Although there are many elements to self-care, physical and mental health are often a top priority. These two areas affect a large part of our daily living, and if they are not maintained it impacts our overall health. However, research shows that engaging in self-care is proven to reduce symptoms of anxiety, depression and stress while increasing coping abilities and happiness levels. But how do you begin a self-care routine to help with mental health?
Self-care starts with those things that help you get out of bed every day. It can be anything — from going to the store to spending time with loved ones, walking outdoors or cuddling up with a good book. If you’re having trouble finding something that fills your cup, try thinking about the things that put a smile on your face, and what helps you to keep going. Try building a Mental Health Toolkit, which can be the building blocks of your self-care routine. Depending on how empty your cup is, self-care practices may take some time and effort on your part before the full effects are noticed.
Another way to think about self-care is to consider the opposite of what has drained you recently. For example, maybe you’re coming off a busy week at work with many interpersonal interactions, and lots of activities with children and others. Smart self-care could look like quiet, solo, restorative activities on your own. But if you’ve been feeling isolated and disengaged from others recently, smart self-care could look like a phone call to a good friend.
For those who may roll their eyes at the thought of self-care and experience thoughts of skepticism about its effectiveness, think about how you’re feeling mentally, physically, emotionally and beyond. What comes up? Is it a sense of peace in a hectic world? Or are there several heightened emotions happening under the surface?
“When you’re feeling stressed, anxious, angry, irritated, burned out and overwhelmed, ask yourself if you’re taking care of yourself and practicing regular self-care,” Fowler says. “Chances are, you’re not, and that’s why you’re feeling this way.”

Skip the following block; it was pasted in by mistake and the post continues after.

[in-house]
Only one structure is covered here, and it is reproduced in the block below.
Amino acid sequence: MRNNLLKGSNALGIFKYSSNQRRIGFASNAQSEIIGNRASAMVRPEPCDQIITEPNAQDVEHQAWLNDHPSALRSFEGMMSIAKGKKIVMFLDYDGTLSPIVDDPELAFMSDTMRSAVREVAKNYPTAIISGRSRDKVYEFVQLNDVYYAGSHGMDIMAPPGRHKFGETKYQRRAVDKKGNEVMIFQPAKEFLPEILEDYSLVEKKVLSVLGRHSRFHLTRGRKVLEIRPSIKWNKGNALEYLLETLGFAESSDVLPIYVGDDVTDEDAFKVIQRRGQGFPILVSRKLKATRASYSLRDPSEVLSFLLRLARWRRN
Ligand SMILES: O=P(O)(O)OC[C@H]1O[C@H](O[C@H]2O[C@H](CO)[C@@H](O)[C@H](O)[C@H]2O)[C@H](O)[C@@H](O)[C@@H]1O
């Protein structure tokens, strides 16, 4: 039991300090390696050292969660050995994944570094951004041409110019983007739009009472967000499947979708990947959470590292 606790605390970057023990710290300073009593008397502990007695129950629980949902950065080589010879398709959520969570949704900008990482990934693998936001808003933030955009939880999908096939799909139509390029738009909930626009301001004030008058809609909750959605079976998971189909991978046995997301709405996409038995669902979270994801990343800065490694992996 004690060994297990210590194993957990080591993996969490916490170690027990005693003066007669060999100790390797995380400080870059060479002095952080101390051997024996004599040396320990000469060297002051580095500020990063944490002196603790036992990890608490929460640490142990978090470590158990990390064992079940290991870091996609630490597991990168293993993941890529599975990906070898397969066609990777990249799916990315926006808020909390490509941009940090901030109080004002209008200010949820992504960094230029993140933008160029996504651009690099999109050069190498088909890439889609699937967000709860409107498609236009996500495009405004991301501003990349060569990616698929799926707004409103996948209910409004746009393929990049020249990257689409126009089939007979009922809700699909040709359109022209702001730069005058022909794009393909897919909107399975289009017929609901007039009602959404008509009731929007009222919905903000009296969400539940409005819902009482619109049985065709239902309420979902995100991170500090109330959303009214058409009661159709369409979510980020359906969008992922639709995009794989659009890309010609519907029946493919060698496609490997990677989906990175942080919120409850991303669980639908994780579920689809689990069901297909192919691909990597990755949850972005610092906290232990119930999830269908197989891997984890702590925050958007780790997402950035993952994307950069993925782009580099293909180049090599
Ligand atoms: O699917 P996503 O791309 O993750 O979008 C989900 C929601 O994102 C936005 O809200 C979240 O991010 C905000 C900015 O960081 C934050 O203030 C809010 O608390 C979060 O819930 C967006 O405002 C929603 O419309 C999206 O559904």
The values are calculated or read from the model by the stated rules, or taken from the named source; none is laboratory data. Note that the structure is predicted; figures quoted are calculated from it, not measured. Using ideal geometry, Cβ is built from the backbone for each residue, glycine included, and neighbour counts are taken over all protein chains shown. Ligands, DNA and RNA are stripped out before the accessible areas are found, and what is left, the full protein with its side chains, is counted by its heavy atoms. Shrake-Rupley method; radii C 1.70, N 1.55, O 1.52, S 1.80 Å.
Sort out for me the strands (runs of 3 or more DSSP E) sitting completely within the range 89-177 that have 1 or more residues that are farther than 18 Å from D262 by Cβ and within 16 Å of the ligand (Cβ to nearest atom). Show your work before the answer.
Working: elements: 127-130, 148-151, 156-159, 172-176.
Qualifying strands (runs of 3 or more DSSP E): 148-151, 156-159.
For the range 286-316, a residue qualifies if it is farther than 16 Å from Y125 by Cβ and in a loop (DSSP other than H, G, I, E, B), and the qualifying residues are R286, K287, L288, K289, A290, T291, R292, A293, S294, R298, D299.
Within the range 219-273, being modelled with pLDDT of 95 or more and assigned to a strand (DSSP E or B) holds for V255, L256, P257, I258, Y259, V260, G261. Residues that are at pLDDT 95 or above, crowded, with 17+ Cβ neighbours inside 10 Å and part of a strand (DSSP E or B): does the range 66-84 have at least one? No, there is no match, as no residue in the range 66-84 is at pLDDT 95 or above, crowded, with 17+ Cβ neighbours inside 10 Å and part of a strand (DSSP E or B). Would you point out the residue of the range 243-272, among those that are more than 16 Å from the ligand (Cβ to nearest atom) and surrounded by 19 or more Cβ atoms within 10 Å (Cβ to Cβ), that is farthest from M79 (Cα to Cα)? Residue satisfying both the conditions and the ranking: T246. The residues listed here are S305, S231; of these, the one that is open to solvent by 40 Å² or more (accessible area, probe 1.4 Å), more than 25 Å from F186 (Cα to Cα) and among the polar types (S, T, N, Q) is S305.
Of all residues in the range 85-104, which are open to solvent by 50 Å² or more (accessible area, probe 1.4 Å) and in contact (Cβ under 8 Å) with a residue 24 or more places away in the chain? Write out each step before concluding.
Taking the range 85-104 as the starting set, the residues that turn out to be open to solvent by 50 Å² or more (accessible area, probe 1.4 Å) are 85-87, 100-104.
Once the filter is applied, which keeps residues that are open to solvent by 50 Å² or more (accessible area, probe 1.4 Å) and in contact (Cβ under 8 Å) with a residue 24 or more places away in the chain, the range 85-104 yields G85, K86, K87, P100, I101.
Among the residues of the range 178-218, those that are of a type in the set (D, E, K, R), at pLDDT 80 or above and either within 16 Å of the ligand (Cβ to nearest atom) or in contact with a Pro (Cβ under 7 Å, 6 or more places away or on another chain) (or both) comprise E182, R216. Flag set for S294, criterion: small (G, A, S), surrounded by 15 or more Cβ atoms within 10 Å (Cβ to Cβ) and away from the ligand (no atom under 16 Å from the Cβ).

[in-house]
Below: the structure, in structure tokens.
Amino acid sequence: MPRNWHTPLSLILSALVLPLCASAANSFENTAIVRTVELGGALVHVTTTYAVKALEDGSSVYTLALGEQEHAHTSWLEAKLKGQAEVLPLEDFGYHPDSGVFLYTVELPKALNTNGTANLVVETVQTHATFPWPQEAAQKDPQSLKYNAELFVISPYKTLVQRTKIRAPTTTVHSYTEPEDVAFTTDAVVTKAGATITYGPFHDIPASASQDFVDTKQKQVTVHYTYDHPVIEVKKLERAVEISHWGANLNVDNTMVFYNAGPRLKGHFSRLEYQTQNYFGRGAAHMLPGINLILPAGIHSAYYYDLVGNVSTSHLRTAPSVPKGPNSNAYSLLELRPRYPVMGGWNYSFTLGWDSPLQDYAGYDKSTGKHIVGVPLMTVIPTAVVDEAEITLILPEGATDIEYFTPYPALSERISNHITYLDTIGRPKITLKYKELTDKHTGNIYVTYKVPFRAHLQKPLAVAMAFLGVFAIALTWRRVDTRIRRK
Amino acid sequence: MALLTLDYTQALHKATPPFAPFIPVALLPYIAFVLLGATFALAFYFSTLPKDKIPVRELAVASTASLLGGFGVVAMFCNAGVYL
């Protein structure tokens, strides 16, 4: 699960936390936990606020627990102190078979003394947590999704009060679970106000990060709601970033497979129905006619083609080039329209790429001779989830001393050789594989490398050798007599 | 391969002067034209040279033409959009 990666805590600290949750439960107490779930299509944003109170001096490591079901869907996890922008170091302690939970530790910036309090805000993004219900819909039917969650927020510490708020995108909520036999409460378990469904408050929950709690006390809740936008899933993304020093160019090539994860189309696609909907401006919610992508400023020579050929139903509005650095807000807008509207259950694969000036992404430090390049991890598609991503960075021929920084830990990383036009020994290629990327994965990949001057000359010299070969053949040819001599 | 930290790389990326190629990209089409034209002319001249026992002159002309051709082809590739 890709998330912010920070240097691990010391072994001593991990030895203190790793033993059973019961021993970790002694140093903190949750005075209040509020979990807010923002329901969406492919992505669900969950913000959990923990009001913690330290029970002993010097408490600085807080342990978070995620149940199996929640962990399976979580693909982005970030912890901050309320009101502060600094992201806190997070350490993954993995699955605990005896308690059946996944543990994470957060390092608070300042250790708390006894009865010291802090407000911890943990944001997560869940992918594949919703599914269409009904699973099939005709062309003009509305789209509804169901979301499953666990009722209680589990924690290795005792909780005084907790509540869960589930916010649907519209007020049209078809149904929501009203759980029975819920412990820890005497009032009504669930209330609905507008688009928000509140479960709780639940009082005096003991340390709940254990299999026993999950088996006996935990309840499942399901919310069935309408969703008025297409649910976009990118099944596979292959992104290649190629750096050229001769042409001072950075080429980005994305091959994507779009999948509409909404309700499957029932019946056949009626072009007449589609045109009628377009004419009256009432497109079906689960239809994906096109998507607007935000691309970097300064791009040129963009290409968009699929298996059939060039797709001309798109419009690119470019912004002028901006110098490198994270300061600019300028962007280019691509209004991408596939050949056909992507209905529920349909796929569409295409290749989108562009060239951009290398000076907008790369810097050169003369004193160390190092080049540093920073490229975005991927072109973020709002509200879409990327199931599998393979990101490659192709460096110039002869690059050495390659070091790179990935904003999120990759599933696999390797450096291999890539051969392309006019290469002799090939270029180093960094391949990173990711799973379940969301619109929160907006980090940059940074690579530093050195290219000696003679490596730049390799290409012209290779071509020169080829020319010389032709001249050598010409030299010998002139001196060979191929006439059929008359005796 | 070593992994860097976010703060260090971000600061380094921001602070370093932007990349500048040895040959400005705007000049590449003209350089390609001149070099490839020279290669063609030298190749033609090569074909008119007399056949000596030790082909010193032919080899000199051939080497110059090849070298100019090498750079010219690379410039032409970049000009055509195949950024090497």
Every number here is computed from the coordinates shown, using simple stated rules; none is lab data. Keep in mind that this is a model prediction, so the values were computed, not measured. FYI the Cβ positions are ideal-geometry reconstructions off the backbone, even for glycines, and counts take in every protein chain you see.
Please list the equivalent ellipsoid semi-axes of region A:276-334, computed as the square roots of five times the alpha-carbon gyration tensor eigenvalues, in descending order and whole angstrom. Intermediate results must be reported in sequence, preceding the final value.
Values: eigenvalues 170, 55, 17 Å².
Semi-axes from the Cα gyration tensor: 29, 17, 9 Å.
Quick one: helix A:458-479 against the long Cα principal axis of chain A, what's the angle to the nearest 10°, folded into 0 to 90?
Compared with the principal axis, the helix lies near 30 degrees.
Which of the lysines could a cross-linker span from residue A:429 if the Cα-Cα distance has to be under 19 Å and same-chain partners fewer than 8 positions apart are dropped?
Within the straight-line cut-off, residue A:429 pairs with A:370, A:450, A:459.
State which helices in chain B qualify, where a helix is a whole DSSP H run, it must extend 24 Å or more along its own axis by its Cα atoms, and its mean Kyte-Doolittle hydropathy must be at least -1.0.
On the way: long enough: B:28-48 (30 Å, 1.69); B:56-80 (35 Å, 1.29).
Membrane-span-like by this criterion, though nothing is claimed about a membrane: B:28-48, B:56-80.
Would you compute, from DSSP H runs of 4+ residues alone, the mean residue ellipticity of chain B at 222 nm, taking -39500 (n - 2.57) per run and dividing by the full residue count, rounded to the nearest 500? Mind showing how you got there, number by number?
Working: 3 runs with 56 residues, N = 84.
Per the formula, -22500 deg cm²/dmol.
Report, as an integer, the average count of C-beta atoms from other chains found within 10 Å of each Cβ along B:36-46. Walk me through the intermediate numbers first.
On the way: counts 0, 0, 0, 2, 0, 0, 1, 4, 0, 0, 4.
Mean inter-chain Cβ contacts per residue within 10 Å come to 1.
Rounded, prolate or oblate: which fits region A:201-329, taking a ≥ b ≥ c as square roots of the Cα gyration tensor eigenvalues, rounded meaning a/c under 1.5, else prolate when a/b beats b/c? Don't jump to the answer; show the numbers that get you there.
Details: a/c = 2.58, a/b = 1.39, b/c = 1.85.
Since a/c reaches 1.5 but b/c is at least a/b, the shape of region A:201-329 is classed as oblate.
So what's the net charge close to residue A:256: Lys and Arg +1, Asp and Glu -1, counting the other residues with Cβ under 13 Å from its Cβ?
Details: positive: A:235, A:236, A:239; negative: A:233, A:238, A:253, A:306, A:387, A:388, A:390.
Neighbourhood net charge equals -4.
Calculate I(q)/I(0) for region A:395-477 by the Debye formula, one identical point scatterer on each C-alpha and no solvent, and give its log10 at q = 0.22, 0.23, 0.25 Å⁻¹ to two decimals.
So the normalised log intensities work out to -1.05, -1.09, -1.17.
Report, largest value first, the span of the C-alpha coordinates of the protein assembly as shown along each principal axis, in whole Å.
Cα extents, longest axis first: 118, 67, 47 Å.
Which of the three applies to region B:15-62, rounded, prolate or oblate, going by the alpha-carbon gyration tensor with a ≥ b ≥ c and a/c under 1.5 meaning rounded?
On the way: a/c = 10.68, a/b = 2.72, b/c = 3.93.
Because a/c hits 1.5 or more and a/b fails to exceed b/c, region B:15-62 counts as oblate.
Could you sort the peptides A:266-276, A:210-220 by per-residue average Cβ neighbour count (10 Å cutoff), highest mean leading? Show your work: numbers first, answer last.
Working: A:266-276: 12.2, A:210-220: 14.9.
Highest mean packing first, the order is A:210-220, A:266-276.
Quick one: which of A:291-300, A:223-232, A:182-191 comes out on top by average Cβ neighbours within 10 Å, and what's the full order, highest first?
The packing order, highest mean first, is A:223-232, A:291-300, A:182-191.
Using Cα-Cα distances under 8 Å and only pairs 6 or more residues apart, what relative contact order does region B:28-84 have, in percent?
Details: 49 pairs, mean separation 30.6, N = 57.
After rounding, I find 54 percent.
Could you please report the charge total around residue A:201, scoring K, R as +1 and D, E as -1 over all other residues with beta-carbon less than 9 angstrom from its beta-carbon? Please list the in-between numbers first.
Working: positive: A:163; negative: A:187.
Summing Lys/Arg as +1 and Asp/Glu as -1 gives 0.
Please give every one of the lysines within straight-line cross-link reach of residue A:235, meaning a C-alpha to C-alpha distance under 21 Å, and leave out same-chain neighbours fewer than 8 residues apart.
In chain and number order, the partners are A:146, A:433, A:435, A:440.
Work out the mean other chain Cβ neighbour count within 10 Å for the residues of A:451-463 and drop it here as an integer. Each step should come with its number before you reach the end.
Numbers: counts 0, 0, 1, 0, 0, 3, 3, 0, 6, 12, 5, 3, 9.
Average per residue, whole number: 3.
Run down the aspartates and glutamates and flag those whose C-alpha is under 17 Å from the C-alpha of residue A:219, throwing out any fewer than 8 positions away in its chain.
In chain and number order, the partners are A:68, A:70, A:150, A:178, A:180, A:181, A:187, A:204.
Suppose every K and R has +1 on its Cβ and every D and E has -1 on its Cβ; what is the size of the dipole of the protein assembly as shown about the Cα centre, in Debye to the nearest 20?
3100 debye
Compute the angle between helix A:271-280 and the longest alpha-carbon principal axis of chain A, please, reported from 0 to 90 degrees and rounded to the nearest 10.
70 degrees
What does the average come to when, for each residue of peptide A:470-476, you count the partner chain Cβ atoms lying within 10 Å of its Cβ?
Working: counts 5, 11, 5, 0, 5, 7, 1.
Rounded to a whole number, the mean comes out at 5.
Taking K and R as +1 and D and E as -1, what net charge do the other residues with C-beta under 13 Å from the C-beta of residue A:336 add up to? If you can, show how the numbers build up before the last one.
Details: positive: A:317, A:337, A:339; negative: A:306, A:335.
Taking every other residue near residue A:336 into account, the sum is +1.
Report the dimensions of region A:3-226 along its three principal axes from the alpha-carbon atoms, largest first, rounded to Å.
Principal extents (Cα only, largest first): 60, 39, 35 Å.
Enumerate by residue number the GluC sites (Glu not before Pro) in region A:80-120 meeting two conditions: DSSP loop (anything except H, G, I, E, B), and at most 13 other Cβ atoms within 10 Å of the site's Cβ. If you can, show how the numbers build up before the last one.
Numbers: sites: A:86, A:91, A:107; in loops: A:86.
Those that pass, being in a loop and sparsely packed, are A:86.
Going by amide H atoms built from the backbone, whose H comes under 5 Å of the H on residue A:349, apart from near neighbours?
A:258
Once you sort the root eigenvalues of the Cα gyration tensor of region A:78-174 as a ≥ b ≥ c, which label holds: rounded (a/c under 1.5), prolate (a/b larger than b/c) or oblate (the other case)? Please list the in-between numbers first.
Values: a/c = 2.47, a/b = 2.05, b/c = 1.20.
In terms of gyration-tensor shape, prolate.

Modeling Self-Care for Children
As a caregiver, self-care can feel like the least important item on your to-do list. It’s easy to feel overwhelmed by the mere idea of self-care when you have so much to do for your family. Only 32% of parents feel they have time for self-care!
But don’t forget that oxygen mask analogy: When you take care of yourself, you’re better equipped to care for your family. Spending time in self-care positions you as a role model for your children, so they can understand the importance of taking care of themselves too.
What to Do When Your Cup is Empty and Self-Care Practices Aren’t Enough?
The purpose of self-care is to feel more energized and ready to take on the world. It allows us to give more of ourselves without draining our energy — which we won’t have if we’re not taking care of ourselves. But when our cup is already empty and coping becomes more difficult, self-care practices might not feel like enough.
If mental health struggles like deeper depression, isolating behaviors, irritability, emotional exhaustion and physical stress/pain are apparent, additional help and support from a therapist or other professional services might be necessary. Use this time as a chance to become more aware of how you are giving away your energy and learn strategies to improve self-care practices, so you don’t have to suffer. Develop a new set of self-care skills and optimize yourself to inspire the self-care practices of others.